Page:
The Center for International History and the South Asia Institute at Columbia Present:
State Failure and Medieval Indian Historiography: A New Interpretation of ‘Afīf’s Tā’rikh-i Firūz Shāhī
In a novel interpretation of the work of the major historian of medieval India Shams Sirāj Afīf (fl. 1360) Tā’rikh-i Firūz Shāhī, this presentation will recover and discuss
hitherto understudied aspects of ‘Afīf’s History and foreground its importance as a manual on political reform as exemplified by Firuz Shāh Tughluq’s reign (1351-1388). In addition, the presentation will relate Afif’s narratives about the challenges that confronted the Delhi Sultanate and Muḥammad bin Tughluq’s vagaries (d. 1351) to present-day debates on state failure.
Tuesday, October 24, 2017
Fayerweather Hall 411
Vasileios Syros, The Italian Academy for Advanced Studies in America (Columbia)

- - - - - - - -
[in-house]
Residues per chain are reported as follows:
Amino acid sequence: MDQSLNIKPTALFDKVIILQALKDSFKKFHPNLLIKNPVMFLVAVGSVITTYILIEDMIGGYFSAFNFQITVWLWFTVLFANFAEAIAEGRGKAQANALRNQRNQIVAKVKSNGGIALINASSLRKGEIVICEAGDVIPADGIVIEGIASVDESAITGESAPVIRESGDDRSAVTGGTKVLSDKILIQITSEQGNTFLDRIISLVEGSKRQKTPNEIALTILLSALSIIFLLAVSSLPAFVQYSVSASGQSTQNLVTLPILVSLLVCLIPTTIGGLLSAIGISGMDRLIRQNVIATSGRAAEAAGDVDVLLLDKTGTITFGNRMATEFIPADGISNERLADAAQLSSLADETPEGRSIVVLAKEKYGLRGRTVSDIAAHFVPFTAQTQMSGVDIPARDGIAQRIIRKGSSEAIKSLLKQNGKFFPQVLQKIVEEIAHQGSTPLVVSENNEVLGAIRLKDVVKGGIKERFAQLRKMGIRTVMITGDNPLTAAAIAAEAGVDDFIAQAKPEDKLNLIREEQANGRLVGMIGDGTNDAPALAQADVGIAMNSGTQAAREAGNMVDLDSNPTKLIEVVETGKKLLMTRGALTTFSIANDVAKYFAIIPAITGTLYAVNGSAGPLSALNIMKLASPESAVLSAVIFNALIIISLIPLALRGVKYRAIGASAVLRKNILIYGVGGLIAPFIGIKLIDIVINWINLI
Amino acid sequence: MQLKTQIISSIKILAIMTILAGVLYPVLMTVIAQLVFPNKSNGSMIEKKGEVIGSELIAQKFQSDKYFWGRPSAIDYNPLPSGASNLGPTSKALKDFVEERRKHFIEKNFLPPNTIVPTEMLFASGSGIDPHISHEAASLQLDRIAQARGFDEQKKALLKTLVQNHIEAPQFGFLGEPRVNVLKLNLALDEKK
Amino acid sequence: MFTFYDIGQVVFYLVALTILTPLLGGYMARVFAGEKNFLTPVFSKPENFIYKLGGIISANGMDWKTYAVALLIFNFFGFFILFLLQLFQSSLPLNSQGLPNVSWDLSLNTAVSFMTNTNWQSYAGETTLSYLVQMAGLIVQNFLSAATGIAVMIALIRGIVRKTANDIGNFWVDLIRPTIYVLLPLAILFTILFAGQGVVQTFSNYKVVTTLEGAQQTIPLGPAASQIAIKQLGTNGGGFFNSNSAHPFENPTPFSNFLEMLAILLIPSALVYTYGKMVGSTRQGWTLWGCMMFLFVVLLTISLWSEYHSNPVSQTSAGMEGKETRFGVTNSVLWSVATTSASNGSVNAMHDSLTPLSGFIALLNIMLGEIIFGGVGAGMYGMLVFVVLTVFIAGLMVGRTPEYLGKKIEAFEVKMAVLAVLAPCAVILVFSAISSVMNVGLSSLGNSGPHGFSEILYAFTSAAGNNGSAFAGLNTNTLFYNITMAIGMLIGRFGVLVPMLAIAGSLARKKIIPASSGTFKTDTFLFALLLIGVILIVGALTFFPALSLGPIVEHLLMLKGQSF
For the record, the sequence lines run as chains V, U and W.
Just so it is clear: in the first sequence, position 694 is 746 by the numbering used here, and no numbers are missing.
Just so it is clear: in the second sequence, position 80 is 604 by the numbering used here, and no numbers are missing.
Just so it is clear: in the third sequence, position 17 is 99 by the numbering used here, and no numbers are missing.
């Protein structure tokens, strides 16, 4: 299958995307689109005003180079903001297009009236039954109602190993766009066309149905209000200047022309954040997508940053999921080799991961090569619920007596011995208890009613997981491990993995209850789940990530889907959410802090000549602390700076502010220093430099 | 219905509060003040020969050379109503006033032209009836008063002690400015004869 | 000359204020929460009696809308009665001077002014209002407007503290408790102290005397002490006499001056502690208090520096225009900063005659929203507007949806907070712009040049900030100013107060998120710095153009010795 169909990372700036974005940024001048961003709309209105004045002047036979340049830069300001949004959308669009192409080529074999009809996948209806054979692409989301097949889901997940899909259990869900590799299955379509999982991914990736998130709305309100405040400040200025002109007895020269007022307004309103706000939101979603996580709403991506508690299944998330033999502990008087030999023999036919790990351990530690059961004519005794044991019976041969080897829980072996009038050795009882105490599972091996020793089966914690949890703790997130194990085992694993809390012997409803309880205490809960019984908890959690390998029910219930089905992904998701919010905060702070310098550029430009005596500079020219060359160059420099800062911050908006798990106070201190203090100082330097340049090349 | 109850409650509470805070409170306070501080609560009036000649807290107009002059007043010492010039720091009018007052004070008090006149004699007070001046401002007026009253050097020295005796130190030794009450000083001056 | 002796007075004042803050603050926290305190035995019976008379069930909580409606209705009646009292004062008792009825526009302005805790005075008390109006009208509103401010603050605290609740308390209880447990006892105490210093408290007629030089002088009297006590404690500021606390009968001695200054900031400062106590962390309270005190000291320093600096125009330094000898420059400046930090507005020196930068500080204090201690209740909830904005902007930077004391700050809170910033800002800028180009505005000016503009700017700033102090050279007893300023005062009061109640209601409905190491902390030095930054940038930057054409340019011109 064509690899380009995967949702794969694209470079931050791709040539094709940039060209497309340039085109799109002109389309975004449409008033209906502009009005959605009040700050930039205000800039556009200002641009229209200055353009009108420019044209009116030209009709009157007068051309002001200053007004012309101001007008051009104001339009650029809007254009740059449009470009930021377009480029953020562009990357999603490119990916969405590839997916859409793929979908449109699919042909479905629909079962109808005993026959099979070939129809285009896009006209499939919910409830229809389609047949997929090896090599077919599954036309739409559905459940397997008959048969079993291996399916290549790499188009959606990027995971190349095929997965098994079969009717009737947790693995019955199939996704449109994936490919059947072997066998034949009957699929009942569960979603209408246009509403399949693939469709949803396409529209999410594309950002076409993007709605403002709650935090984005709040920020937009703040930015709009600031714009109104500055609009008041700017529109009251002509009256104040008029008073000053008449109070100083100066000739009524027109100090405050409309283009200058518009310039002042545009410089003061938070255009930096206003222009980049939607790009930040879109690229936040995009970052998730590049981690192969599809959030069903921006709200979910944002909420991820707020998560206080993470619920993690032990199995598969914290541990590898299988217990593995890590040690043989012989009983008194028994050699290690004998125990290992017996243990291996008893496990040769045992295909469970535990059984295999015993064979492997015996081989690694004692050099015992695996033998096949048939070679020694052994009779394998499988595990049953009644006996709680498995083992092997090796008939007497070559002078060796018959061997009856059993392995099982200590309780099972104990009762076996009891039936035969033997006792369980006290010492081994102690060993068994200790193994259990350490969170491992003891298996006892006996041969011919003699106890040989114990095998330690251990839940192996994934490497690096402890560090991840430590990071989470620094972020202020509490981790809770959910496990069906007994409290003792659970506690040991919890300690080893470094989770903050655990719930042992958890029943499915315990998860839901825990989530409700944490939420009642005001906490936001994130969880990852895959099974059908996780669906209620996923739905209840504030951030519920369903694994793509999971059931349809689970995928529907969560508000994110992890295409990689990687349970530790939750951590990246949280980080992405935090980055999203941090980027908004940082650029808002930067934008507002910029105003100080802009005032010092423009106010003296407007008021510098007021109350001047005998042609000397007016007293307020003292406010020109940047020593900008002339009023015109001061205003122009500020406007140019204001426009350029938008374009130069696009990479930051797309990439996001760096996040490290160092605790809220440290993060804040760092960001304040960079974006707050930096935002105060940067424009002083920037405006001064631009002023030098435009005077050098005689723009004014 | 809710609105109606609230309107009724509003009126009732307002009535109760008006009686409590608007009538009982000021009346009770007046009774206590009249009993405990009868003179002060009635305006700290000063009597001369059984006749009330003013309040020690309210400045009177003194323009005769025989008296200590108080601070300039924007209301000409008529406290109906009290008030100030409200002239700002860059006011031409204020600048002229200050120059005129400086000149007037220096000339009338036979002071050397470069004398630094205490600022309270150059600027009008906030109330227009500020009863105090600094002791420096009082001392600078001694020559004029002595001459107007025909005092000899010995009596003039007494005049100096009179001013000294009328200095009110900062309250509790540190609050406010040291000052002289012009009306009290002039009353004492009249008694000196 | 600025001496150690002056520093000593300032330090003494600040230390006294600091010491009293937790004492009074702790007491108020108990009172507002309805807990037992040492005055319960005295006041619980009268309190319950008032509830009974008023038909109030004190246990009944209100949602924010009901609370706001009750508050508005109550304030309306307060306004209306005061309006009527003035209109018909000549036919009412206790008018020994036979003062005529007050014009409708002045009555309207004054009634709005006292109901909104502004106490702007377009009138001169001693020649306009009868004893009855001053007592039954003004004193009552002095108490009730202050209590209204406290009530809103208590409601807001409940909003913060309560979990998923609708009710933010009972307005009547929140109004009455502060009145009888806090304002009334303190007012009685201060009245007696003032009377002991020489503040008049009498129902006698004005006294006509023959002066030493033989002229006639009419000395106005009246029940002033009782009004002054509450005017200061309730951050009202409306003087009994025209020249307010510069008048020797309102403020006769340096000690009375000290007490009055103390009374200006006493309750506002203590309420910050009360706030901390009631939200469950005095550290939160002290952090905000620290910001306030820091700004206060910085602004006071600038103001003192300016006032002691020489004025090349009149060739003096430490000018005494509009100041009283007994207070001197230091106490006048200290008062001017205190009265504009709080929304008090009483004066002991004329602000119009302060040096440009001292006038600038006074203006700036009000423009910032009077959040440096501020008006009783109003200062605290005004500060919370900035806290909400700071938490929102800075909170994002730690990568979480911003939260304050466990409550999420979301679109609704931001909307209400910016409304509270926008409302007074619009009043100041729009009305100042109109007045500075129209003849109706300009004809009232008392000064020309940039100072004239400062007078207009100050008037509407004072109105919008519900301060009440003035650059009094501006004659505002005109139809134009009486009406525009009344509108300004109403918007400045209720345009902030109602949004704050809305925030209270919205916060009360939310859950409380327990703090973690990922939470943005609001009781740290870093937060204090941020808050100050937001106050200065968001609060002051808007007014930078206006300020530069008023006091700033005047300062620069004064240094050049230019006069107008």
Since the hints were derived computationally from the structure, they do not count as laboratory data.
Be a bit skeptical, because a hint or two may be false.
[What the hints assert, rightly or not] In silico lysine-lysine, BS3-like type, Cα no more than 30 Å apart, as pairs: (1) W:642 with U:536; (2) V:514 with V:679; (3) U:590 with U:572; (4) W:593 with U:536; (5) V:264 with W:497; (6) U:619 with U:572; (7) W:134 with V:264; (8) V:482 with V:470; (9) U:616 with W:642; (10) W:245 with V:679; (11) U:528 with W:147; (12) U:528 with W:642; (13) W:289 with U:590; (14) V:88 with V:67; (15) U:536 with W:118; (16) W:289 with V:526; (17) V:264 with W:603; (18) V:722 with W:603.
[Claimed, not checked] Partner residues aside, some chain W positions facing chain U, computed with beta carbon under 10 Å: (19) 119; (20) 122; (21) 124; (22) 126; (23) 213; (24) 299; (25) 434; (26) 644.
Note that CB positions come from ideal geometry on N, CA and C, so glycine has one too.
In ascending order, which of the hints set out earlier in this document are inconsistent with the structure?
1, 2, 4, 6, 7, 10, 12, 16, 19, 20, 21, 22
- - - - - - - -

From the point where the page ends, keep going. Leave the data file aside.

Vasileios Syros is a Senior Research Fellow at the Academy of Finland. His teaching and research interests converge at the intersection of the history of Christian/Latin, Jewish, and Islamic political thought and Comparative Political Theory. Syros has published Marsilius of Padua at the Intersection of Ancient and Medieval Cultures and Traditions of Learning (University of Toronto Press, 2012); Die Rezeption der aristotelischen politischen Philosophie bei Marsilius von Padua (Brill, 2007); and Well Begun is Only Half Done: Tracing Aristotle’s Political Ideas in Medieval Arabic, Syriac, Byzantine, and Jewish Sources (ACMRS, 2011). His work has appeared in a number of international peer-reviewed journals, including Viator, Journal of Early Modern History, Medieval Encounters, Journal of World History, Philosophy East & West, History of Political Thought, and Revue des Études Juives. Syros is the Principal Investigator for the research project “Political Power in the European and Islamic Worlds” (2014–18). He has taught previously at Stanford University, McGill University, The University of Chicago, and the École Pratique des Hautes Études (Paris). Syros has received fellowships from the University of Pennsylvania, Princeton University, and the Royal Society of Edinburgh.